Masters of their fates
Cassius:Julius Caesar Act 1, scene 2, 135–141
Why, man, he [Caesar] doth bestride the narrow world
Like a colossus, and we petty men
Walk under his huge legs, and peep about
To find ourselves dishonorable graves.
Men at some time are masters of their fates;
The fault, dear Brutus, is not in our stars,
But in ourselves, that we are underlings.
Cassius, prime mover of the assassination plot against Julius Caesar, here continues a speech he hopes will draw Brutus into the conspiracy. Cassius's technique is to inflate the grandeur, and therefore the threat, of Caesar's power, in contrast to the wormlike submissiveness, and therefore the dishonor, of other leading Romans. The philosophical sentiments are appropriately classical, specifically Stoic: it is man who controls his own destiny, not heavenly powers. It's not the "fault" of the "stars" that Caesar is on top and Brutus and Cassius are underlings; the fault is "in ourselves," in their own lack of resolve. Brutus has been trusting to fate to restrain his friend Caesar's ambitions, when Brutus really ought to think, like Cassius, about seizing fate for himself.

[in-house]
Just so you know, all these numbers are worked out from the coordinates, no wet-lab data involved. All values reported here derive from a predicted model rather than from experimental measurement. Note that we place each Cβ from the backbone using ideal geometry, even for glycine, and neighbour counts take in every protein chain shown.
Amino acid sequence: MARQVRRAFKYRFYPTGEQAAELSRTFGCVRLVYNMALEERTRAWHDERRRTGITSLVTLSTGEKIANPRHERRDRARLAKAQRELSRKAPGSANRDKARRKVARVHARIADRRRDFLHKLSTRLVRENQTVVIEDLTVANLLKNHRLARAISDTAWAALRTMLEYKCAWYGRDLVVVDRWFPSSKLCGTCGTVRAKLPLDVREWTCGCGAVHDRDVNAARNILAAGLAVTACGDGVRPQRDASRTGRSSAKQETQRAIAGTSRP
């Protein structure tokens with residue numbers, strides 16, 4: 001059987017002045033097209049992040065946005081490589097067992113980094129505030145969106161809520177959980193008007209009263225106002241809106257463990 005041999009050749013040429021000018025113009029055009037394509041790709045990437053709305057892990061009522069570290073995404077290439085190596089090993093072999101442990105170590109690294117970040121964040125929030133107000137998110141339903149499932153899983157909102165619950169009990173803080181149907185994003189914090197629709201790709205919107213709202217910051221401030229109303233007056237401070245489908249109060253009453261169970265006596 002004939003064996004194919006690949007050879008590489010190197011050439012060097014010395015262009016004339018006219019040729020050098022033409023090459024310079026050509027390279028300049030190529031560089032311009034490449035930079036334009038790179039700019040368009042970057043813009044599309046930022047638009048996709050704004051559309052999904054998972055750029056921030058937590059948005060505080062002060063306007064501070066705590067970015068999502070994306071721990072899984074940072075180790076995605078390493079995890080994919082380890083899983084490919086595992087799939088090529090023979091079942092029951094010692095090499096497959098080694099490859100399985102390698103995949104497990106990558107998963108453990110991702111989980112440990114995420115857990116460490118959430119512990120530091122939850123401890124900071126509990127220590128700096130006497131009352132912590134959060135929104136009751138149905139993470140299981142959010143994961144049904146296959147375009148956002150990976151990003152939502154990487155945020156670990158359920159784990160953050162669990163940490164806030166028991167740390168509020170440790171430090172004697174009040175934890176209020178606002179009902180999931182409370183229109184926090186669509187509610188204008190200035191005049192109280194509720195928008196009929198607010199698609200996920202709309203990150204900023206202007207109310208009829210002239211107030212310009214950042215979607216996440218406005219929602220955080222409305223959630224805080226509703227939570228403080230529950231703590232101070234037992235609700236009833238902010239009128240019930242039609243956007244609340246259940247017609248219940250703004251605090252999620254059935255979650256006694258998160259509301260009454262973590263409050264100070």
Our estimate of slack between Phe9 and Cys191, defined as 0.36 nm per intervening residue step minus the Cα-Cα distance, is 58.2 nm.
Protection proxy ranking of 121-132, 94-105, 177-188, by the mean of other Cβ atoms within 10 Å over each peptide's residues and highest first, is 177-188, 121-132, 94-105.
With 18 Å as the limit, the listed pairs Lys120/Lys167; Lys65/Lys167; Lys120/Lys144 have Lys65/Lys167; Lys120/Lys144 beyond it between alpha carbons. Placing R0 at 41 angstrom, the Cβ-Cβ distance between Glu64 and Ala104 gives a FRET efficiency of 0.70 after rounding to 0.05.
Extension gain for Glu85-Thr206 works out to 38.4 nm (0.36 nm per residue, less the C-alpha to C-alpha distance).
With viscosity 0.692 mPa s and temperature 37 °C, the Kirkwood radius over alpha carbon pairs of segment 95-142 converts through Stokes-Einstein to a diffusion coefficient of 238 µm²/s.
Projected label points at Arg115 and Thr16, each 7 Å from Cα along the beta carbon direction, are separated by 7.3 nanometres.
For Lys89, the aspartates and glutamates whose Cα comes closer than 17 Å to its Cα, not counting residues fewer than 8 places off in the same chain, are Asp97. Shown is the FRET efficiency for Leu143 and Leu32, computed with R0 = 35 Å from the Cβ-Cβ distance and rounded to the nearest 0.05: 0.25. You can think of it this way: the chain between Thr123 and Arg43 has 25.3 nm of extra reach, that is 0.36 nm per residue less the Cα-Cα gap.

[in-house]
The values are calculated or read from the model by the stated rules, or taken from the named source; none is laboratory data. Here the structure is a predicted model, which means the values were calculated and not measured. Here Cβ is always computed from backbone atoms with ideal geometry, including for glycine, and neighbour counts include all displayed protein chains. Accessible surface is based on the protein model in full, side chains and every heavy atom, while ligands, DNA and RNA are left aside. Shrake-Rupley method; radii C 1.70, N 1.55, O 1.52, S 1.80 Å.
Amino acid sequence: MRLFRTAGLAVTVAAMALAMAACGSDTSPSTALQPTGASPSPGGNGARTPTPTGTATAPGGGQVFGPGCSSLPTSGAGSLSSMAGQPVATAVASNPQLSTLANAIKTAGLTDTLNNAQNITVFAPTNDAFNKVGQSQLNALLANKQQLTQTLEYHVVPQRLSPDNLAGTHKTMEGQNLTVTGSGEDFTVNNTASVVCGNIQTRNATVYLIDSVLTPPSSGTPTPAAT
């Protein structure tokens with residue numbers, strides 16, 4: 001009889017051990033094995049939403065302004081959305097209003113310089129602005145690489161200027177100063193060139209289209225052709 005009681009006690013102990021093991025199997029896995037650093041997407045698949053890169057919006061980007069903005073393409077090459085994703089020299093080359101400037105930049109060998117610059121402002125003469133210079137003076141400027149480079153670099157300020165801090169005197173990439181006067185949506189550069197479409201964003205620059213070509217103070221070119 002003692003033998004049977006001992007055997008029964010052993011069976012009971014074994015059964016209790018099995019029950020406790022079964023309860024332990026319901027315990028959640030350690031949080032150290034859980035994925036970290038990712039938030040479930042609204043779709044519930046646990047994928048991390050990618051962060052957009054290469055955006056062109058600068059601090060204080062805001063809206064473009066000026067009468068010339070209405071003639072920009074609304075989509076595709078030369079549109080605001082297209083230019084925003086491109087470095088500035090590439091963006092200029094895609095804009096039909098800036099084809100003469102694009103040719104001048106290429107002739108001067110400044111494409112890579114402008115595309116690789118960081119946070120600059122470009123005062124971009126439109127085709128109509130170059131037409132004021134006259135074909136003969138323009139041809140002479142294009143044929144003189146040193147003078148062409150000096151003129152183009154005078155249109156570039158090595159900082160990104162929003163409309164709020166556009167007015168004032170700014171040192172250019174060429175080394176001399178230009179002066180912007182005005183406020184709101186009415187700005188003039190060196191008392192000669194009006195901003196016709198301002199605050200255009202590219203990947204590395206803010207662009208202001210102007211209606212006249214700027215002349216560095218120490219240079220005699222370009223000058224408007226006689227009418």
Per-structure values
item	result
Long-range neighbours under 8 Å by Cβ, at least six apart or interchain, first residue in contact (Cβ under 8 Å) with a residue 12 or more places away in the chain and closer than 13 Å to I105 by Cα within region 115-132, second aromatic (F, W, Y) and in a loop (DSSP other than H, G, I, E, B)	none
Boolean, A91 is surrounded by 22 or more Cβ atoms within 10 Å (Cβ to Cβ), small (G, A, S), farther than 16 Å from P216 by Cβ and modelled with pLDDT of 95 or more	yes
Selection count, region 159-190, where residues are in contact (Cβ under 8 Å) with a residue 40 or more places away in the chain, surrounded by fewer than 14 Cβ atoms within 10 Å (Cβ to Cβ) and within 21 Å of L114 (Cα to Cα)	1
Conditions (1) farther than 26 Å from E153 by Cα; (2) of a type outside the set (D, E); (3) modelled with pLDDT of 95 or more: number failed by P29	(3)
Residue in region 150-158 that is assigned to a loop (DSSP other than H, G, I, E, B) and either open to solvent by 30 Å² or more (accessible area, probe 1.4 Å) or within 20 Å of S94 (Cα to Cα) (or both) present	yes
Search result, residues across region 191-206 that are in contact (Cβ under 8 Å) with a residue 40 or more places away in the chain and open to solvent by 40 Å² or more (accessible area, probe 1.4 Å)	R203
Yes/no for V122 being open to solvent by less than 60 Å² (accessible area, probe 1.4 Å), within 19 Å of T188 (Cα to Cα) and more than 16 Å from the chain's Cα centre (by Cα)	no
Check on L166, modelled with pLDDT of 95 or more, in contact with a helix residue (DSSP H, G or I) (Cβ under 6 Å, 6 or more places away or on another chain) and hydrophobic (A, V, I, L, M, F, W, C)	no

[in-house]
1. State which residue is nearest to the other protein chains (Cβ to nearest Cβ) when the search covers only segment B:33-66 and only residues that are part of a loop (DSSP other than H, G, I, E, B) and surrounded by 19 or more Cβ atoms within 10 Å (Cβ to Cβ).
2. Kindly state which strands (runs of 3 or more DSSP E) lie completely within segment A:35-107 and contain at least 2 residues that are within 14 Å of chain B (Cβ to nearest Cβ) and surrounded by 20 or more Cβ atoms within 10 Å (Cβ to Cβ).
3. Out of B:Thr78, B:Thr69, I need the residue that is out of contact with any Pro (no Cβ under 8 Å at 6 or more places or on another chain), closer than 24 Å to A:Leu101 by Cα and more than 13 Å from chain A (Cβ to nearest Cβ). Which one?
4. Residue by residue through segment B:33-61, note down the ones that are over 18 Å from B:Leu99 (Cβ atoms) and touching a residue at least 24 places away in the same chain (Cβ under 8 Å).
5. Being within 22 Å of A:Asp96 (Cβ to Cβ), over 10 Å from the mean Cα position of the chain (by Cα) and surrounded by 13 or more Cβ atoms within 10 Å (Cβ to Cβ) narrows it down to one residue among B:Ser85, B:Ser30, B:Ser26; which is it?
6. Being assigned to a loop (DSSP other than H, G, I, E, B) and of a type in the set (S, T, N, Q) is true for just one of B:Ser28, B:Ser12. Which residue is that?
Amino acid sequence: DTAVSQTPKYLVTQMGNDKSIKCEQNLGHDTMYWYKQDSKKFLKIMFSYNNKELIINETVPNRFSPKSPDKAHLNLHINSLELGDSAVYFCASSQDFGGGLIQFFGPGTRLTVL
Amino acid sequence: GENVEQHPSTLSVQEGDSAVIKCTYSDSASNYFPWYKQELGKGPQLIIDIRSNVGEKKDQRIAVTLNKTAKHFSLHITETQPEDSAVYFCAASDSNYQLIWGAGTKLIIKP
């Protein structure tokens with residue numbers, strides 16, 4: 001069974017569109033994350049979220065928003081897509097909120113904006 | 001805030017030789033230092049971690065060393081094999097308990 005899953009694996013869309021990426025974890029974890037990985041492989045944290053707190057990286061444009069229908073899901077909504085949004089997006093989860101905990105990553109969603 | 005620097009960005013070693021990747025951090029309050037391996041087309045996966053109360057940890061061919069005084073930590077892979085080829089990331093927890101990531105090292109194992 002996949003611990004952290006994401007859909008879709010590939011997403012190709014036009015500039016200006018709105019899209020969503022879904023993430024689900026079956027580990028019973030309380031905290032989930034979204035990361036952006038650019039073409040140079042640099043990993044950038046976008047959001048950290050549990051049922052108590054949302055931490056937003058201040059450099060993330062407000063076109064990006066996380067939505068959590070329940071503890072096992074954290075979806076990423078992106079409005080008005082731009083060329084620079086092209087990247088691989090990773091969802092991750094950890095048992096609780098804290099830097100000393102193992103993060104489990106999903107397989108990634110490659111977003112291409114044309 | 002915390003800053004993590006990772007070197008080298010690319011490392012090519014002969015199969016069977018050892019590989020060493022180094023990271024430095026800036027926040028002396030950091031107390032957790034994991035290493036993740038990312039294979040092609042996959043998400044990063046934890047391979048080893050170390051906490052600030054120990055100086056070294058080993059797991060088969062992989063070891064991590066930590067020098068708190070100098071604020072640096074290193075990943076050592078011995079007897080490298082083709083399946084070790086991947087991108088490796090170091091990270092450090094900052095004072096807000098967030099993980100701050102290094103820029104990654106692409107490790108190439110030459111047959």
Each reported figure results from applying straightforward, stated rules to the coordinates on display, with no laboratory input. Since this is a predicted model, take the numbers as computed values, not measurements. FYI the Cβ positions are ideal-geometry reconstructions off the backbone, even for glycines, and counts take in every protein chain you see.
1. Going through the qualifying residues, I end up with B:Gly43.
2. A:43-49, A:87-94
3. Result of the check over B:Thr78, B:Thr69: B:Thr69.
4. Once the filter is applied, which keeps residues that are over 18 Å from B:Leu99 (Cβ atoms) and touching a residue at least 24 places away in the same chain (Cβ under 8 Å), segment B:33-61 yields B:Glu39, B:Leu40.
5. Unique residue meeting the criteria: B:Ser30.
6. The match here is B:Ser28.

Themes: fate and fortune